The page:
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October 9, 2009

 

Bowman to leave Equality Ohio for post with national federation

Search for new director will be ‘thoughtful, but not long’

Columbus--Equality Ohio’s founder and first executive director is stepping down December 11 to take a position with a national LGBT organization.

Lynne Bowman, who has led Ohio’s largest LGBT advocacy group for nearly five years, will become the director of programs and services for the Equality Federation.

The federation provides resources for statewide organizations like Equality Ohio in fundraising, building capacity, peer support, data management, mentoring, and building professional relationships.

In her new position, Bowman will be responsible for much of that activity.

The Equality Federation is 12 years old. Equality Ohio is nearly five years old, and has grown to be one of the largest statewide LGBT operations.

Bowman worked to organize the core team of LGBT leaders that formed Equality Ohio shortly after voters passed a constitutional ban on marriage equality in 2004. Repealing that amendment remains one of its core missions.

She is one of the longest-serving directors of a statewide equality organization in the nation.

In her new position, Bowman will still live in the Columbus suburb of New Albany with her wife Nancy. The new position will require her to travel about 30 percent of the time.

“This gives me the opportunity to break from the 24/7 of running a statewide organization,” Bowman said. “My mind and body need the break, but I am still going to be working in the movement.

Bowman has served as the federation’s co-chair since 2007.

“It’s painful to leave Equality Ohio behind,” Bowman said, “but it’s time for me and the organization to grow, which won’t happen if the founder sticks around forever.”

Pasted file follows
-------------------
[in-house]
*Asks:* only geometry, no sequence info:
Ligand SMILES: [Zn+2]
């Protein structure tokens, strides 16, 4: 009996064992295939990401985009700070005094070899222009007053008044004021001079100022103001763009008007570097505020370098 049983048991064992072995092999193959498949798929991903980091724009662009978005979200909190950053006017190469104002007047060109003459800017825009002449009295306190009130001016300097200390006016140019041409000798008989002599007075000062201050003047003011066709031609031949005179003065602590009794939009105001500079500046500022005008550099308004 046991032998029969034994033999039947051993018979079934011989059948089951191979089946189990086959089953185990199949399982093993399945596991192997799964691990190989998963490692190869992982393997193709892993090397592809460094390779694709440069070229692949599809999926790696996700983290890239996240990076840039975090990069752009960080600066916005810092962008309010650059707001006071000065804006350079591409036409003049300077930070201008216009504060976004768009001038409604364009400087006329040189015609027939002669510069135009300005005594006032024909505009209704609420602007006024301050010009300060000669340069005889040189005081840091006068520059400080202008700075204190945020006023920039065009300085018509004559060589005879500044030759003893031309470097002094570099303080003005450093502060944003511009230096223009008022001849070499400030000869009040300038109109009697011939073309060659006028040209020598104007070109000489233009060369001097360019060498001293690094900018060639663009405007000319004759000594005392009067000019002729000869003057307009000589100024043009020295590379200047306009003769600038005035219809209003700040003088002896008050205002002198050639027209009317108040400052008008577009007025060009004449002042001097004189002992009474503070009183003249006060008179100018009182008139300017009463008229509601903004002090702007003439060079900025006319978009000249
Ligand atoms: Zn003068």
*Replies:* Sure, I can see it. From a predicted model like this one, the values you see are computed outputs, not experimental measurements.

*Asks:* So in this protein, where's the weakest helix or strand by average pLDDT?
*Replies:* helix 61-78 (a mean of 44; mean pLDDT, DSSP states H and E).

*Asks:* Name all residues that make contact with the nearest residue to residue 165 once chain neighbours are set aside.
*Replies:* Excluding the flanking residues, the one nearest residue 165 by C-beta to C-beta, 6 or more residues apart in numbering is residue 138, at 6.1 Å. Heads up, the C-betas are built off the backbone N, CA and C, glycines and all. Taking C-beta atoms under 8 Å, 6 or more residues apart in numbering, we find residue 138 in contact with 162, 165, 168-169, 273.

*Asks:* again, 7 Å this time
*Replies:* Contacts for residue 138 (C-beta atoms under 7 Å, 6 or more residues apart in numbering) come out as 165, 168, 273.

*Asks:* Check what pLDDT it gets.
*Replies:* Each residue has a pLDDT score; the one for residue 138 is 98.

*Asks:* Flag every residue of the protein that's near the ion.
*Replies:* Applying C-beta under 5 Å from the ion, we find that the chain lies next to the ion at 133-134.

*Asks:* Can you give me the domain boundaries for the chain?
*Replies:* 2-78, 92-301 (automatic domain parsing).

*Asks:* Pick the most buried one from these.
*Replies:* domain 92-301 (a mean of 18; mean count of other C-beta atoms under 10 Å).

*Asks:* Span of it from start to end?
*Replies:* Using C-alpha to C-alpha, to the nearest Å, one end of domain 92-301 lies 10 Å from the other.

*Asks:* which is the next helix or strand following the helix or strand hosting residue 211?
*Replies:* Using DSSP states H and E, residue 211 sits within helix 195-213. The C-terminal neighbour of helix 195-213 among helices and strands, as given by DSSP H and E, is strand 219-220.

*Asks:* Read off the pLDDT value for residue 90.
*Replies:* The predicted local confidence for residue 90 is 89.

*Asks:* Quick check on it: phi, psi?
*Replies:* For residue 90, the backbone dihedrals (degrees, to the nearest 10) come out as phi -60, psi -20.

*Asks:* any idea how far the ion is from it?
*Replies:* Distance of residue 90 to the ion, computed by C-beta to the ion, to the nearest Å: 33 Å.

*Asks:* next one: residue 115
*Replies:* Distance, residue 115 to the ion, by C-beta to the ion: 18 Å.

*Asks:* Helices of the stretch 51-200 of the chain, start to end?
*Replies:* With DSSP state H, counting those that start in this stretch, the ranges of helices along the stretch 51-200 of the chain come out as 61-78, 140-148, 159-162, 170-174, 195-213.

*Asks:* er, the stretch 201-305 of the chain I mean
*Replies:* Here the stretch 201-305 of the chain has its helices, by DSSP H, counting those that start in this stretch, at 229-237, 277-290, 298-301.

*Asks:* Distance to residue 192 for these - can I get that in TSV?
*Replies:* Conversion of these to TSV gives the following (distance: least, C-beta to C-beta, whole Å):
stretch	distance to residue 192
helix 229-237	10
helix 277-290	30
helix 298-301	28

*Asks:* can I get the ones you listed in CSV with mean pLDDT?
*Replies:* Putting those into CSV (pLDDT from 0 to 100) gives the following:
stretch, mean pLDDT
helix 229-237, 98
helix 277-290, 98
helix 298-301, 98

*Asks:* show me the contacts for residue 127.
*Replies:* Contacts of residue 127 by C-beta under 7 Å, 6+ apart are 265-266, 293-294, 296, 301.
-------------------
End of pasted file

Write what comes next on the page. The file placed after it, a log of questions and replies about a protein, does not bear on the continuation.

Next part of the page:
Bowman will, however, be advising Equality Ohio on its biggest current project, passing the Equal Housing and Employment Act. She will also be an active lobbyist for the measure.

The LGBT equal rights bill passed the Ohio House on September 15, but it faces an uphill battle in the Senate.

“I will stay around for [EHEA] strategy, and will have direct conversations with legislators,” Bowman said.

She will also serve as an advisor to the Equality Ohio board as they choose her replacement, though she will not be part of the interview process, nor the selection.

Equality Ohio board chair Rev. Mike Castle of Dayton said he expects the transition process to a new executive director to be “thoughtful but not long.”

The position is being advertised, and there has been some interest.

Castle expects to announce the new director at the group’s Statewide Leadership Summit to be held December 5. Bowman will organize that event.

Castle said that if there is a period of time between Bowman’s departure and the new director taking charge, “the board will provide executive leadership.”

Castle said the new director will need to live in Ohio, but not necessarily in Columbus. Other staff positions that are currently open, including communications and fundraising, will not be filled until the new director is hired.